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Journal of Pedagogy, Pluralism and Practice

Publication Date

Fall 2013

Abstract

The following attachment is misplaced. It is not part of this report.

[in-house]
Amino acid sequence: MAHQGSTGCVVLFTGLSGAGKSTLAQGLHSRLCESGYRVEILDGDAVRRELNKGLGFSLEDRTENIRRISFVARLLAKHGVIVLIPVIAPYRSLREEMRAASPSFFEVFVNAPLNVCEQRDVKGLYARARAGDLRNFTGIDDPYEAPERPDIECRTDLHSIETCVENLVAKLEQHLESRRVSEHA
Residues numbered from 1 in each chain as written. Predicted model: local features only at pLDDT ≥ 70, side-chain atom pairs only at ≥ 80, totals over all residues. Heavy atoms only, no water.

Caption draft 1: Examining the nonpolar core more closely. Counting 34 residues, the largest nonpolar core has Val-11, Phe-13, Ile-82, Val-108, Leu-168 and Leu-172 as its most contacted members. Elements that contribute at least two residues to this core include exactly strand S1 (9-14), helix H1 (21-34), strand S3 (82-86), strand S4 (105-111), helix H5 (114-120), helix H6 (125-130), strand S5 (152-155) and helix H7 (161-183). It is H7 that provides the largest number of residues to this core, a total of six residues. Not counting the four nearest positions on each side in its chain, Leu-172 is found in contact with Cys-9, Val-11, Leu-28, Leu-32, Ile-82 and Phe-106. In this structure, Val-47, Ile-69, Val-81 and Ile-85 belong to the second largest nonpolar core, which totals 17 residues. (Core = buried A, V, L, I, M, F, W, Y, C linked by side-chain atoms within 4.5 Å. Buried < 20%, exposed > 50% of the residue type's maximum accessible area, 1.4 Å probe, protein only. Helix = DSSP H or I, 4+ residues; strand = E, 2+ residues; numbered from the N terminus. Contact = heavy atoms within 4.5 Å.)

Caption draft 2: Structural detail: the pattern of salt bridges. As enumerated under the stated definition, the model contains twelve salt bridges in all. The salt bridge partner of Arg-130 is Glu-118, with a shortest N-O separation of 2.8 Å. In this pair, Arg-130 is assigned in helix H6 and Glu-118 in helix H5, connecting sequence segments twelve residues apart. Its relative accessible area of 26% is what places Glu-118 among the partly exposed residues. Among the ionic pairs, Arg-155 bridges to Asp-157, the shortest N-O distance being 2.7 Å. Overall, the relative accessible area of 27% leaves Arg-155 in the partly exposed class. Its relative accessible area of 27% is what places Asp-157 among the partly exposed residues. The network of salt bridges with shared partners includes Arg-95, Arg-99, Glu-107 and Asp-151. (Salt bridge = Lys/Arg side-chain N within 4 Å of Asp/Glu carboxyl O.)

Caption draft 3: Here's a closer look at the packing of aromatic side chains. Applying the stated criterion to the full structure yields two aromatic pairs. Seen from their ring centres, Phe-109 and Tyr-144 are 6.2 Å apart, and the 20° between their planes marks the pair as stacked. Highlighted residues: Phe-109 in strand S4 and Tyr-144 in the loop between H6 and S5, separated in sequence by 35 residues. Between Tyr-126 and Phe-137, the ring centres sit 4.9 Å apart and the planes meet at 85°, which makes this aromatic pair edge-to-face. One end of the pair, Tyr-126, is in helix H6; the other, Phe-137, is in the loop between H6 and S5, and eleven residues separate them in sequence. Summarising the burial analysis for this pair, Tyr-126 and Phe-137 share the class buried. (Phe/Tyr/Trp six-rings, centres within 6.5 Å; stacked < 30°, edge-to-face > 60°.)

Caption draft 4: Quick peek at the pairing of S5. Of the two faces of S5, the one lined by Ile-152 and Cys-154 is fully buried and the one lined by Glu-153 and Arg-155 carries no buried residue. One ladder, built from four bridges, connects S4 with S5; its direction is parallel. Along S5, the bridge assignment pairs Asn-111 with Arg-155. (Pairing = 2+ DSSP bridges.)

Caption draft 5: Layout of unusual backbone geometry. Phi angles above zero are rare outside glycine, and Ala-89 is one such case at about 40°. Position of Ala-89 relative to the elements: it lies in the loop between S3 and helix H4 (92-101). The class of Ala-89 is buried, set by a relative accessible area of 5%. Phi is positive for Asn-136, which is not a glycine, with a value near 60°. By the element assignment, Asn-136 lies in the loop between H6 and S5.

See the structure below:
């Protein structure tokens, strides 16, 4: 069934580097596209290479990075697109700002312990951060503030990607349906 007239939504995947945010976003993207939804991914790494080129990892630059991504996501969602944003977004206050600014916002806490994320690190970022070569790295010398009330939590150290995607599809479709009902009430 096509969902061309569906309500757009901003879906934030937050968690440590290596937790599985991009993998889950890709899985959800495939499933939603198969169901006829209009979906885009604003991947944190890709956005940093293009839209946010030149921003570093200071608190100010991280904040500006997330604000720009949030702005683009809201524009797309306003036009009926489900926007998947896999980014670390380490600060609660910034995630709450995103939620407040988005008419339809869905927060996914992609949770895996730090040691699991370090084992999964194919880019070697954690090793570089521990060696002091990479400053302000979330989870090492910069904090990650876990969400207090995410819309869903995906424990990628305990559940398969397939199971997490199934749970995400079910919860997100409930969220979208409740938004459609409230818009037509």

Today out of the seventy million population of Iran nearly twenty-five million are Turkish speakers. At least two thirds of this population lives in the provinces of East-West Azerbaijan, Ardabil, and the rest in and around the cities of Zanjan, Qazvin, Karaj and Tehran. Generally, the people in these areas refer to themselves as Turks, and they are Shia’ Muslims. This paper explores from an anthropological and ethnographic perspective the relationship of Azeri-Turkish speaking and Persian-speaking Iranians in the present and everyday spheres of social life. The objective is for a fine grained examination of this minority-majority encounter and what underlies the construction of a Turkish, Azeri and Azerbaijani identity in Iran. It is argued that the nature and the quality of Turkish and Persian speakers interaction have important bearing on how a minority population formulates a sense of self and based on it behaves socially, politically and nationally. The dynamics of identity construction is probed with reference to cultural sensibilities, language and boundary crossings that give reality and meaning to the historical affinity and national covenant in Iran.

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